You may well be of the understanding that gaming chairs are expensive, elaborate affairs which should only really be marketed at the serious gamer or eSports specialist; those looking to pick up marginal gains in order to prove themselves as the best. Yet if truth be known there are options available for near on everyone, from the most casual to the hardcore, and from the cash-ready to the most frugal. And if you think of yourself as one of those who are looking for a bargain, all while still being able to get in on the gaming chair scene, Brazen Gaming Chairs come into play, particularly with their Puma variety.
Coming to market with a very reasonable price that should ensure it opens up opportunities, particularly for the younger gamers out there to embrace the world of their heroes, the Brazen Puma is a decent enough effort for those looking to take the first step off of their bed or sofa and into a more comfortable gaming scenario.
Pretty much perfect for kids, the Puma is certainly lacking on the features front, with Brazen failing to be able to include the likes of adjustable armrests, reclining back pieces or dialled lumbar support – but for the price asked they do just about get away with it. Especially as it is likely that younger gamers will just be happy in the knowledge that they’ve got a chair to hand.
For adults though, particularly those approaching anything near the 6ft range, the Puma should never be considered and I’ve struggled to find my 80kg 6ft 2in frame finding a spot that is comfortable for extended periods – mostly as the neck support fails to reach high enough. Of course it’s doable, but to immerse yourself into your most intense gaming sessions you need to be comfortable at all times, and for me the Puma doesn’t allow that.
It’s not helped by the failure to see any properly premium feel or quality to the materials used either. See, the Puma comes with a bit of a mix of PU leather, PVC and mesh outers, and whilst it looks decent enough and feels nice to touch, the smaller details let it down. This is particularly evident with the huge padded bulge at the front of the seat, ensuring that whenever you are sat on the Puma, your legs are pushed apart. This isn’t uncomfortable per se, but is a strange design choice.
Should you be able to get past that, then thankfully the padding throughout the rest of the chair is deep enough to allow for a reasonable time to be had, with the backrest coming complete with a large Brazen B logo in the head support that, as long as it reaches, is rather lovely to rest back on. The squishy mesh covering over much of the chair delivers a nice degree of cushioning too, whilst the armrests themselves, despite being non-adjustable, are an absolute delight. I wish other manufacturers would take it upon themselves to create elbow rests that are just as well padded as what is found on the Puma.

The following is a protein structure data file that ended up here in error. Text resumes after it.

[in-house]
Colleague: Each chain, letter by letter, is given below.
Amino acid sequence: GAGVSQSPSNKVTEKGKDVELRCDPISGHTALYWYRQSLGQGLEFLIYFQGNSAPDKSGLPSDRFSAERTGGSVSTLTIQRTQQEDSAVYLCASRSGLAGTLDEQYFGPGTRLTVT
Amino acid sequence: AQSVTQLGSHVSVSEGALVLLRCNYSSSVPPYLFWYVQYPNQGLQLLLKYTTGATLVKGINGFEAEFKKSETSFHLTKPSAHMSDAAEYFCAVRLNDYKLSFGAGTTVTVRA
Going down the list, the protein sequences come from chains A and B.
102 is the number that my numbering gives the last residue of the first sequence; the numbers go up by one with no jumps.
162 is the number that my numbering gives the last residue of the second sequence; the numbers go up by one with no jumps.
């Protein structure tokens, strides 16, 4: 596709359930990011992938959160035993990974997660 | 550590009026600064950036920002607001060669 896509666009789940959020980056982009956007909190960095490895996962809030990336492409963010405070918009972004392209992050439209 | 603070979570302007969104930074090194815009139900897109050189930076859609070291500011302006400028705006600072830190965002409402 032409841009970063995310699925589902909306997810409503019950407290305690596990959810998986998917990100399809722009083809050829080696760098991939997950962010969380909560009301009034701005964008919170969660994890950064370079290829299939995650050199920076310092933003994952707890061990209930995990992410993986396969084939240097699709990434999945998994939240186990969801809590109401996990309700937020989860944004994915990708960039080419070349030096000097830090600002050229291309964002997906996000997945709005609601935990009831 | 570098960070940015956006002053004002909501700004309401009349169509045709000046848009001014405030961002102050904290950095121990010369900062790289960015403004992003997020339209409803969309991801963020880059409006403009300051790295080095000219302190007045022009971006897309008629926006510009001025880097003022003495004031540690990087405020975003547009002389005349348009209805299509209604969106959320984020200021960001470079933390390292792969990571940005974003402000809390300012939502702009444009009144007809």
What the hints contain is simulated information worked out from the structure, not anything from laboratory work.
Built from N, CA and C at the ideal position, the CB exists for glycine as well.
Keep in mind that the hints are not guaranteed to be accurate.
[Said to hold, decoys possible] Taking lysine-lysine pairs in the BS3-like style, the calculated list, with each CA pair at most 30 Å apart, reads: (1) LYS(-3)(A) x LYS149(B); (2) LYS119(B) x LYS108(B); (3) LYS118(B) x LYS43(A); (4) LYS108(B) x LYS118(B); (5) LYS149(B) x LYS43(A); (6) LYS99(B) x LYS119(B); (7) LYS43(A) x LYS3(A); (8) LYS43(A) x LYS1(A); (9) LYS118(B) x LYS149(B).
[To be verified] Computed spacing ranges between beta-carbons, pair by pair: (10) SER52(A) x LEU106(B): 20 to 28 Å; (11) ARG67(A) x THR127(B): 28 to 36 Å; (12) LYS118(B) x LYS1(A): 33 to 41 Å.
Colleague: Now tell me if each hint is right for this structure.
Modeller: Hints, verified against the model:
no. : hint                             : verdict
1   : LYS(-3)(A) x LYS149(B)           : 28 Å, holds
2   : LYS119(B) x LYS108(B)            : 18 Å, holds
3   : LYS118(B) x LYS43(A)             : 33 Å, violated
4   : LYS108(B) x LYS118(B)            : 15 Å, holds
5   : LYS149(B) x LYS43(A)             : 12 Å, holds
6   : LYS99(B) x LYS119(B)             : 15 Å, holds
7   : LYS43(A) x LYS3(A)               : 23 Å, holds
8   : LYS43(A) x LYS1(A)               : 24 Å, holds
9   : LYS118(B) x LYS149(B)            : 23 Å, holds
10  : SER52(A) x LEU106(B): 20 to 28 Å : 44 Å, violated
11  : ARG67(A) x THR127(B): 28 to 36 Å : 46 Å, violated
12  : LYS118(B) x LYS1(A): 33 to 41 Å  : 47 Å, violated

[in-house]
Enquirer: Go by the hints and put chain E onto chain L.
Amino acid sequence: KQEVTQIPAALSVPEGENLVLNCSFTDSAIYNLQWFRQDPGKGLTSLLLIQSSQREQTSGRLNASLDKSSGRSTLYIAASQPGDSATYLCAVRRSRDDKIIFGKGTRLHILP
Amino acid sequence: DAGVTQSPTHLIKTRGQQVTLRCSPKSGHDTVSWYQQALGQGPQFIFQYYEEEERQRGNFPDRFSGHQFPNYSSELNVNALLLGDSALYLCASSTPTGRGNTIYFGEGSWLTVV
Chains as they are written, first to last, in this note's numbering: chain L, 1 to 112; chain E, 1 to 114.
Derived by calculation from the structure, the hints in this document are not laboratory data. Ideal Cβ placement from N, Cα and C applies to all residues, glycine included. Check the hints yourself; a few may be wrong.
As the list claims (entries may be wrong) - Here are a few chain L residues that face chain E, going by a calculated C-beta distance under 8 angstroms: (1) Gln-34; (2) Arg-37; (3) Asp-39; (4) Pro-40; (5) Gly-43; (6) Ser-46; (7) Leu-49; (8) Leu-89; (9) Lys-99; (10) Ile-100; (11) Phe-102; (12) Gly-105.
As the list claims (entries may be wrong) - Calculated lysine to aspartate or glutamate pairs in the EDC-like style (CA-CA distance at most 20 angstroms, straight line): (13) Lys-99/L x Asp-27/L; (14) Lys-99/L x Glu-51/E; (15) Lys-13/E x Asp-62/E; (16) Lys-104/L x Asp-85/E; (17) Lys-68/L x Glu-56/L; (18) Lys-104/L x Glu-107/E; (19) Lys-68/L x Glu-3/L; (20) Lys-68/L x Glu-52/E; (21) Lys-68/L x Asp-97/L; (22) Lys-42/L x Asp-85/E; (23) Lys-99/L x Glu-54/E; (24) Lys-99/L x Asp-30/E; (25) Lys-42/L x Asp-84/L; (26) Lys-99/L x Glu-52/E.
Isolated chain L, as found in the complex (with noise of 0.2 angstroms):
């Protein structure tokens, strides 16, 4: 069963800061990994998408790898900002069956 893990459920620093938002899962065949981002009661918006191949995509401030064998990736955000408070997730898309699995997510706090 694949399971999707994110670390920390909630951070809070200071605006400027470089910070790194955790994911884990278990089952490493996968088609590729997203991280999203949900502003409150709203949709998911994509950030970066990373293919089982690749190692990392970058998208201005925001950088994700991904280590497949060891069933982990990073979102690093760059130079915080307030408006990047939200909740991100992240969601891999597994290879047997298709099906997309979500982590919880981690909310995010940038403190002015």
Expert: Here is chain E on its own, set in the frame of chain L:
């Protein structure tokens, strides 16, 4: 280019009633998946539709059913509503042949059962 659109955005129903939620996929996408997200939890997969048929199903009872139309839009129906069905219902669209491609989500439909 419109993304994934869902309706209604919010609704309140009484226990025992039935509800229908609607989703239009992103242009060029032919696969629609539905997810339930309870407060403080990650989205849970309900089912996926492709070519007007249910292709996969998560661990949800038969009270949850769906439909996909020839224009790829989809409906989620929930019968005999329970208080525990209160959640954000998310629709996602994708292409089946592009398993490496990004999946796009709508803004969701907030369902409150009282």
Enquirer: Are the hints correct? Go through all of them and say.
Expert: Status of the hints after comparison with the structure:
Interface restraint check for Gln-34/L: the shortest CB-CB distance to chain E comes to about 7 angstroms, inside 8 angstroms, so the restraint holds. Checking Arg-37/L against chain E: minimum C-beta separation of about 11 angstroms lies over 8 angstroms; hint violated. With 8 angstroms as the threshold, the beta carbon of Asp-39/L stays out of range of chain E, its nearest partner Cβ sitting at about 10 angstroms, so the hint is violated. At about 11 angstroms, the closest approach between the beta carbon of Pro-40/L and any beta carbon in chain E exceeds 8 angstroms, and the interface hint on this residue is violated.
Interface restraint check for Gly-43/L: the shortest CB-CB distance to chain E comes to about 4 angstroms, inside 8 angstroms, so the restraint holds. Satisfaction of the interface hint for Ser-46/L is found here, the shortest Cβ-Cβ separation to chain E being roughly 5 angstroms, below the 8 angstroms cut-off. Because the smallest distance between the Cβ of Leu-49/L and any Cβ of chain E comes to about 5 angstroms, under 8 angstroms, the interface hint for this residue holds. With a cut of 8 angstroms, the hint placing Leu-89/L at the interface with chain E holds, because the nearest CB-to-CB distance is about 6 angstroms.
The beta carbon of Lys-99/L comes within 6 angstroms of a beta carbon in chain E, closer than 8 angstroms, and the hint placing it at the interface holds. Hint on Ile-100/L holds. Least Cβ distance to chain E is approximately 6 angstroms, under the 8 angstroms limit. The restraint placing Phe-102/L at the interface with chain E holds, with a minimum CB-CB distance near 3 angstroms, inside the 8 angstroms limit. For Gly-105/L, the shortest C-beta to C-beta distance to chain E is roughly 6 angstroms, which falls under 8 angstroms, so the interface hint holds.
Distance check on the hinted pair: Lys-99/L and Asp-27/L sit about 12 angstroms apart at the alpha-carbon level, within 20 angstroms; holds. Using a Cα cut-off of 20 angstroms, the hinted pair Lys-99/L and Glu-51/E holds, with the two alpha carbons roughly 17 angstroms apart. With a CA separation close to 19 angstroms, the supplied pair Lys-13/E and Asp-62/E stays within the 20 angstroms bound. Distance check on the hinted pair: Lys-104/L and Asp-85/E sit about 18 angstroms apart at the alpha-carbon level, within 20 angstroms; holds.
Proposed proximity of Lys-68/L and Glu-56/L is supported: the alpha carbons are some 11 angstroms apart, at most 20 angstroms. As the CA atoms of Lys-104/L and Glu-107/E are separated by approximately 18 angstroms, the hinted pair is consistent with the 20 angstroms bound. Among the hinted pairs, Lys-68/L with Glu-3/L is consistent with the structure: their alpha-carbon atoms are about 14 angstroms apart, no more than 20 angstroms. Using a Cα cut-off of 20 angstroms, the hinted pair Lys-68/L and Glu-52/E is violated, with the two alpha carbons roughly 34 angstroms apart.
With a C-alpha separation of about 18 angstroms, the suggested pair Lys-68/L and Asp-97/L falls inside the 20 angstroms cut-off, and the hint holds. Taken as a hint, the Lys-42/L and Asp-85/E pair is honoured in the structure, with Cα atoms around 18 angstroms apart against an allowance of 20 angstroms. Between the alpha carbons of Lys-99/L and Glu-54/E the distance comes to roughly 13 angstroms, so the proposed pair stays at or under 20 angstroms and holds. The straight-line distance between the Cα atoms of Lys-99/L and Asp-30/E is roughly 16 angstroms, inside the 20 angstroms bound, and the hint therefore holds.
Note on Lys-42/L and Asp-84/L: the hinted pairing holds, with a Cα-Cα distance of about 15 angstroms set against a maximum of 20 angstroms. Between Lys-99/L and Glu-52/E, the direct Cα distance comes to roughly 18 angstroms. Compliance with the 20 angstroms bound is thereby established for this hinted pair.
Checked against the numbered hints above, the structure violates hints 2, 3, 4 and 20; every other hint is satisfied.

It is however hugely disappointing to find that the Puma comes with little in the way of reclining action, and whilst you can push your body weight back into the chair for a bit of a spring, the opportunity to move the back to a variety of positions would have been massively appreciated, if only so the bolt-upright position it brings can be adjusted slightly. But hey, if you’re sat at a desk it is fine. For roughly a hundred quid you can’t have everything though any many will be more than satisfied with the well-working lift mechanism and the smallish casters which still allow plenty of roll on all manner of surfaces.
The Brazen Puma is a strange old beast, delivering some lovely moments before leaving you begging for more thanks to the omission of a number of industry standard features. I have to say though, I very much love the branding, the colour scheme is on point with the black, white and yellow hues delivering a superb design, and the ease in which this chair goes together is simplicity in itself. In fact, with a lightweight feel to things, easily installed arms, back piece, casters and lift mechanism, anyone who knows their way round an allen key and screwdriver will have this up and in place within a matter of minutes.
Again though, it’s disappointing to see screw holes in the Brazen seat base differing: one side sees them protruding out, while the other has them slightly retracted. Quality control could certainly be higher, although once everything is screwed into place, that issue is negligible.
At the end of the day you should be looking at the Brazen Puma PC Gaming Chair for what it is – a decent entry level product into the world of gaming seats. Should you be of petite stature, have a limited budget and are in the market for your first gaming seat, then the Brazen Puma may well just about suffice. Similarly, if you’re attempting to hit the tick boxes of your son or daughter’s Christmas list, again it may well fill a gap. But for the serious gamers out there, particularly those of a certain height who are wanting a quality product, you can do much better with a chair.
Massive thanks go out to Brazen Gaming Chairs for giving us the opportunity to review the Puma chair. If you wish to pick one up, head on over to Amazon.
Related: Unboxing the Brazen Puma PC Gaming Chair